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Choose your destination carefully, you might just have to stay there.
“Last thing I remember, I was
Running for the door
I had to find the passage back
To the place I was before
‘Relax’ said the night man,
‘We are programmed to receive.
You can check-out any time you like,
But you can never leave!’”
— The Eagles,
My cousins had picked me up at Love Field in Dallas. I was to preside at their father’s funeral the next day. After visiting with their family in their mother’s home, they drove me to my hotel.
At least I thought it was my hotel.
They had taken care of my flight plans and my dad said I could stay in the same hotel with him, my brother, sister-in-law and nephew.
“It’s the same hotel we stayed in last year when we were in Arlington, Texas, for Brian’s wedding,” Dad emphasized.
My cousins remembered exactly where that hotel was because they had visited us there when we in Arlington the year before.
“We’ll see you at the church in the morning,” they said as they left me at the hotel.
I tried to check in at the front desk. “I should have a room under the name of my father, L.D. Whitlock,” I told the night clerk.
“No, we have no room under that name,” she informed me.
I went down the list: my brother Mark, my nephew Brian, his wife, Mandy. There was no reservation under any of those names.
“Hmmm, I’ll just call them,” I told the night clerk.
“We’re here, waiting on you, in room 231,” Mark told me on my cell phone.
Relieved that I was in the right place, I made my way to the elevator and down the long hallway to room 231.
I knocked loudly on the door, proudly announcing my presence to my family.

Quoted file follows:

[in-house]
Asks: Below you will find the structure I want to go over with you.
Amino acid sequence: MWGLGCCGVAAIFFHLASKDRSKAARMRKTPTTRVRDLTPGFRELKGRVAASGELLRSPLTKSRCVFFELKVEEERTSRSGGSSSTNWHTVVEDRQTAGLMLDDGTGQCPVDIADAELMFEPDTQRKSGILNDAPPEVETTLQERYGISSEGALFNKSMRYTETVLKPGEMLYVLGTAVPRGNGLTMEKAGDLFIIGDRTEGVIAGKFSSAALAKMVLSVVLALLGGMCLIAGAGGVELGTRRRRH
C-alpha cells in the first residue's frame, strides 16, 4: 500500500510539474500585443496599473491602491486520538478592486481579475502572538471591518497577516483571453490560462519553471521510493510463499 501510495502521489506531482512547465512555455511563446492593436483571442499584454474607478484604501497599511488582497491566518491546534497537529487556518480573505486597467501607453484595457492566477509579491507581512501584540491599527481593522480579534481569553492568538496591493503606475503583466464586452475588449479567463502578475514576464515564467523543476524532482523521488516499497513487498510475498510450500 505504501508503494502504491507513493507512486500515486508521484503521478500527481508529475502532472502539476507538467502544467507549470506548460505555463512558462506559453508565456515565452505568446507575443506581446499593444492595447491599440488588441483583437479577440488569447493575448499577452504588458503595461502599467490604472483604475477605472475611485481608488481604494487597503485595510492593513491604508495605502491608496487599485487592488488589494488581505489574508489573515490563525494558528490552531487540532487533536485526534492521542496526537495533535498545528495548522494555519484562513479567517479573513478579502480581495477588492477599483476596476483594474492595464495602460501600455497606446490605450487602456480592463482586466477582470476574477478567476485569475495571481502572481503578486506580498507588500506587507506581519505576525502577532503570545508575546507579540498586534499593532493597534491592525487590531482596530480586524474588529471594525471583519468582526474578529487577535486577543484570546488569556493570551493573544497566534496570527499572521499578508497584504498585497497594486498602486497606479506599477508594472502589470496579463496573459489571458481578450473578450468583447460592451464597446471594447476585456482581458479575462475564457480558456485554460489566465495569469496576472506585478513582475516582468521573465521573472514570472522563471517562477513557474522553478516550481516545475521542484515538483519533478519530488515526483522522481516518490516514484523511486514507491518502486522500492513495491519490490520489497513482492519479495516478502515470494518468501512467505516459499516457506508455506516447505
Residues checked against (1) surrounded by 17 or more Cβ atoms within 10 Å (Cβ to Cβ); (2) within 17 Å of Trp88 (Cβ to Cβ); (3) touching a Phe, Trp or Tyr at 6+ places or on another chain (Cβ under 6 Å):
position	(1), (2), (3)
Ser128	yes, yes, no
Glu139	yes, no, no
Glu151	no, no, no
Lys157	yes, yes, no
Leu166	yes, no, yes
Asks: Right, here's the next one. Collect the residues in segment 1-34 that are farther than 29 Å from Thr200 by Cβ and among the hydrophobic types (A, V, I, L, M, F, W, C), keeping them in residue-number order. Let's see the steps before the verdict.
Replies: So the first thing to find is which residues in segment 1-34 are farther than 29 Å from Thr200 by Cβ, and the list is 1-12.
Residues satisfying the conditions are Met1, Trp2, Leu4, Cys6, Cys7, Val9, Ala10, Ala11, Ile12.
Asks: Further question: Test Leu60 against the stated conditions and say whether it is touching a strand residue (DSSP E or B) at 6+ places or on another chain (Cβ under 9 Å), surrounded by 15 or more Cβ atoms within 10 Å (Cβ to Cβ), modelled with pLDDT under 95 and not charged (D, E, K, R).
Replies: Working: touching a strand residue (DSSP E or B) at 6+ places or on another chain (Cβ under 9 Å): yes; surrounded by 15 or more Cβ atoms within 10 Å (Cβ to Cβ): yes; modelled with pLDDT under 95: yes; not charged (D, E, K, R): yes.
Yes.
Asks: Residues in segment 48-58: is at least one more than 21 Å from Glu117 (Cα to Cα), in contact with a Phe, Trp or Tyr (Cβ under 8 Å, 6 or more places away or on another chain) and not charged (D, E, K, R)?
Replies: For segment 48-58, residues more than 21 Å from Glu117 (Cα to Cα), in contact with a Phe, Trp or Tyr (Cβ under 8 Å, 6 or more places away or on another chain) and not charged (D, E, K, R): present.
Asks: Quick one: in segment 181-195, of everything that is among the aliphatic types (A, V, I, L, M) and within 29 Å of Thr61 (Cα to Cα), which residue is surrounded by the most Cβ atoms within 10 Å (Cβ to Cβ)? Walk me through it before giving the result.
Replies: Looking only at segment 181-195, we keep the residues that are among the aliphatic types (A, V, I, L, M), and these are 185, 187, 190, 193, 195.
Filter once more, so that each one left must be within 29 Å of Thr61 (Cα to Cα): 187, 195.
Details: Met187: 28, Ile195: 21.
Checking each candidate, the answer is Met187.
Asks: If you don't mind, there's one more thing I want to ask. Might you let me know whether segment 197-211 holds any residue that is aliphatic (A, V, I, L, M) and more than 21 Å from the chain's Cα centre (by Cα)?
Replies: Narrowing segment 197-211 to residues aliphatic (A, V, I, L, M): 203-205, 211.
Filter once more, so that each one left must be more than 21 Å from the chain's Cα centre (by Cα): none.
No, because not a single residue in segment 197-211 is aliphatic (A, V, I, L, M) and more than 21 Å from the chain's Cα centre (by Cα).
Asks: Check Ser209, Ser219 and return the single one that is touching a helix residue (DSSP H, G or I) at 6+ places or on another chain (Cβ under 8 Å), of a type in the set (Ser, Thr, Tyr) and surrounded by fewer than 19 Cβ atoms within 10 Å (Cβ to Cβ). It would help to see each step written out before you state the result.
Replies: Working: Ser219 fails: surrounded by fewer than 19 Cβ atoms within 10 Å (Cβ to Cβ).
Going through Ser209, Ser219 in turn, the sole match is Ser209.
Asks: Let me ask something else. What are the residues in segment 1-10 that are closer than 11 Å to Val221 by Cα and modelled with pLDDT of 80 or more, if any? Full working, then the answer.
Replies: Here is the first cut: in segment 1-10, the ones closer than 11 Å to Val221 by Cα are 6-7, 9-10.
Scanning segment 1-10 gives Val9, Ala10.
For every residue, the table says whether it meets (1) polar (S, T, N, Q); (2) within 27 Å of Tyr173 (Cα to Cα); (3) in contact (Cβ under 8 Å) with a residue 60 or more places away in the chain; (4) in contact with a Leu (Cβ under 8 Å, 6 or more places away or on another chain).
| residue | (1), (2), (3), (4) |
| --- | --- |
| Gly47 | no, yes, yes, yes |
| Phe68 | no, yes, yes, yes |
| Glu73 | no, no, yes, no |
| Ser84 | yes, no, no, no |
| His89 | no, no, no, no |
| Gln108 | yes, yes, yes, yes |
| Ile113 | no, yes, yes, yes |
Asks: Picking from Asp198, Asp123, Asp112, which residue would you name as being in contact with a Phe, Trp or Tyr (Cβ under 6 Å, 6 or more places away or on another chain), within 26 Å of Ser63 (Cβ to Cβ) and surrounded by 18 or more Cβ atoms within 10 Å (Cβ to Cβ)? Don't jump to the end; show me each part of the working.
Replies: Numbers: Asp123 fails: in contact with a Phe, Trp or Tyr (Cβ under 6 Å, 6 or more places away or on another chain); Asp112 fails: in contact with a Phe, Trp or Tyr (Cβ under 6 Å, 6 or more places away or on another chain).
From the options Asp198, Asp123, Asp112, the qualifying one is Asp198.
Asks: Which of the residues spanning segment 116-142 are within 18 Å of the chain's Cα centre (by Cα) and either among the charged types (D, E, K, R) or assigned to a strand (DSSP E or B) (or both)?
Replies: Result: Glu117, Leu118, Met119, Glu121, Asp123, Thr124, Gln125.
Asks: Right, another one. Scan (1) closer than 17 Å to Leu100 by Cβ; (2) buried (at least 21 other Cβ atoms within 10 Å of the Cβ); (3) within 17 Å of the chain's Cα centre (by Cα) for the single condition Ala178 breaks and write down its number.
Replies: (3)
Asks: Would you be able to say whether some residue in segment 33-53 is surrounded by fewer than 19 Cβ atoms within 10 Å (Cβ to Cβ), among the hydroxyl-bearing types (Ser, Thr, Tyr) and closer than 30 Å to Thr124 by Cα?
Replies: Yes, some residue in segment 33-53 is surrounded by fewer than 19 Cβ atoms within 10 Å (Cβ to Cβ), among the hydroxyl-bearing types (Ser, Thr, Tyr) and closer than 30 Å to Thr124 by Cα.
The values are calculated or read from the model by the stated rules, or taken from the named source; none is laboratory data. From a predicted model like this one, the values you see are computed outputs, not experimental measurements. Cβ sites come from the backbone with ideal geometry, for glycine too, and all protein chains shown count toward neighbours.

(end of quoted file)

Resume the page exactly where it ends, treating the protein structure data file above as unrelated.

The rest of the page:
And much to my surprise, a kind Asian man opened the door.
I apologized. He smiled, bowed and shut the door.
I’m now nonplussed and on my cell phone to my brother: “Don’t you know your own room number, Nimrod?”
Still on the phone, he asks his wife, Joy, to check the room number.
“231, the number’s right here,” I hear her say.
“That can’t be right. I was just there and an Asian man is in that room,” I counter.
“What hotel are you at?” my brother asks.
“The same one as last year, just like Dad told me.”
I now have to hold my cell phone away from my ear because my brother is howling with laughter. In fact, his son Brian told me later, Mark was on the floor in hysterics.
Somewhere in the planning process, they had changed hotels.
“How the heck was I supposed to know?” I demanded.
And I still can hear my dear ol’ dad’s explanation in the background, “Well, I thought someone would have told him.”
Making my way back down the hallway to the elevator and to the front desk, I can hear Don Henley and the Eagles singing, “Welcome to the Hotel California.”
But alas, the night clerk, suppressing a snicker at my plight, happily pointed me to the front door, where I could wait on my not-so-compassionate big brother to pick me up.
And later, as I got in the van with him and my nephew, I was glad to be leaving a place where I didn’t belong. And I thought of how easy it had been to wind up in the wrong place.
Finding the place where you belong sometimes requires checking the sources, repeating directions and making sure you have reliable information. It was C.S. Lewis who observed in his book, The Screwtape Letters, “The safest road to hell is the gradual one — the gentle slope, soft underfoot, without sudden turnings, without milestones, without signposts.”
Finding life as it is supposed to be, as it is truly meant to be, is like a journey. And the search itself prompts questions like, “Where are you going?” And “Who are you, really?”
That life is discovered somewhere in the admission that only One has the answers to the questions of our deepest longings — desires only satisfied by living within the Eternal Now.
The late Eastern Orthodox priest and church historian, Father Alexander Schmemann aptly wrote, “Eternal life is not what begins after temporal life; it is the eternal presence of the totality of life.”
As we find our place in that life, we discover we’ve been holding the key unlocking the door to true freedom all along.
No, I don’t want to stay one night in the Hotel California or any place other than the place I was meant to be, a place where I can breathe in the fresh air of eternal life.
David B. Whitlock, Ph.D., is minister of Lebanon Baptist Church an an adjunct instructor at Campbellsville University. He can be reached at firstname.lastname@example.org.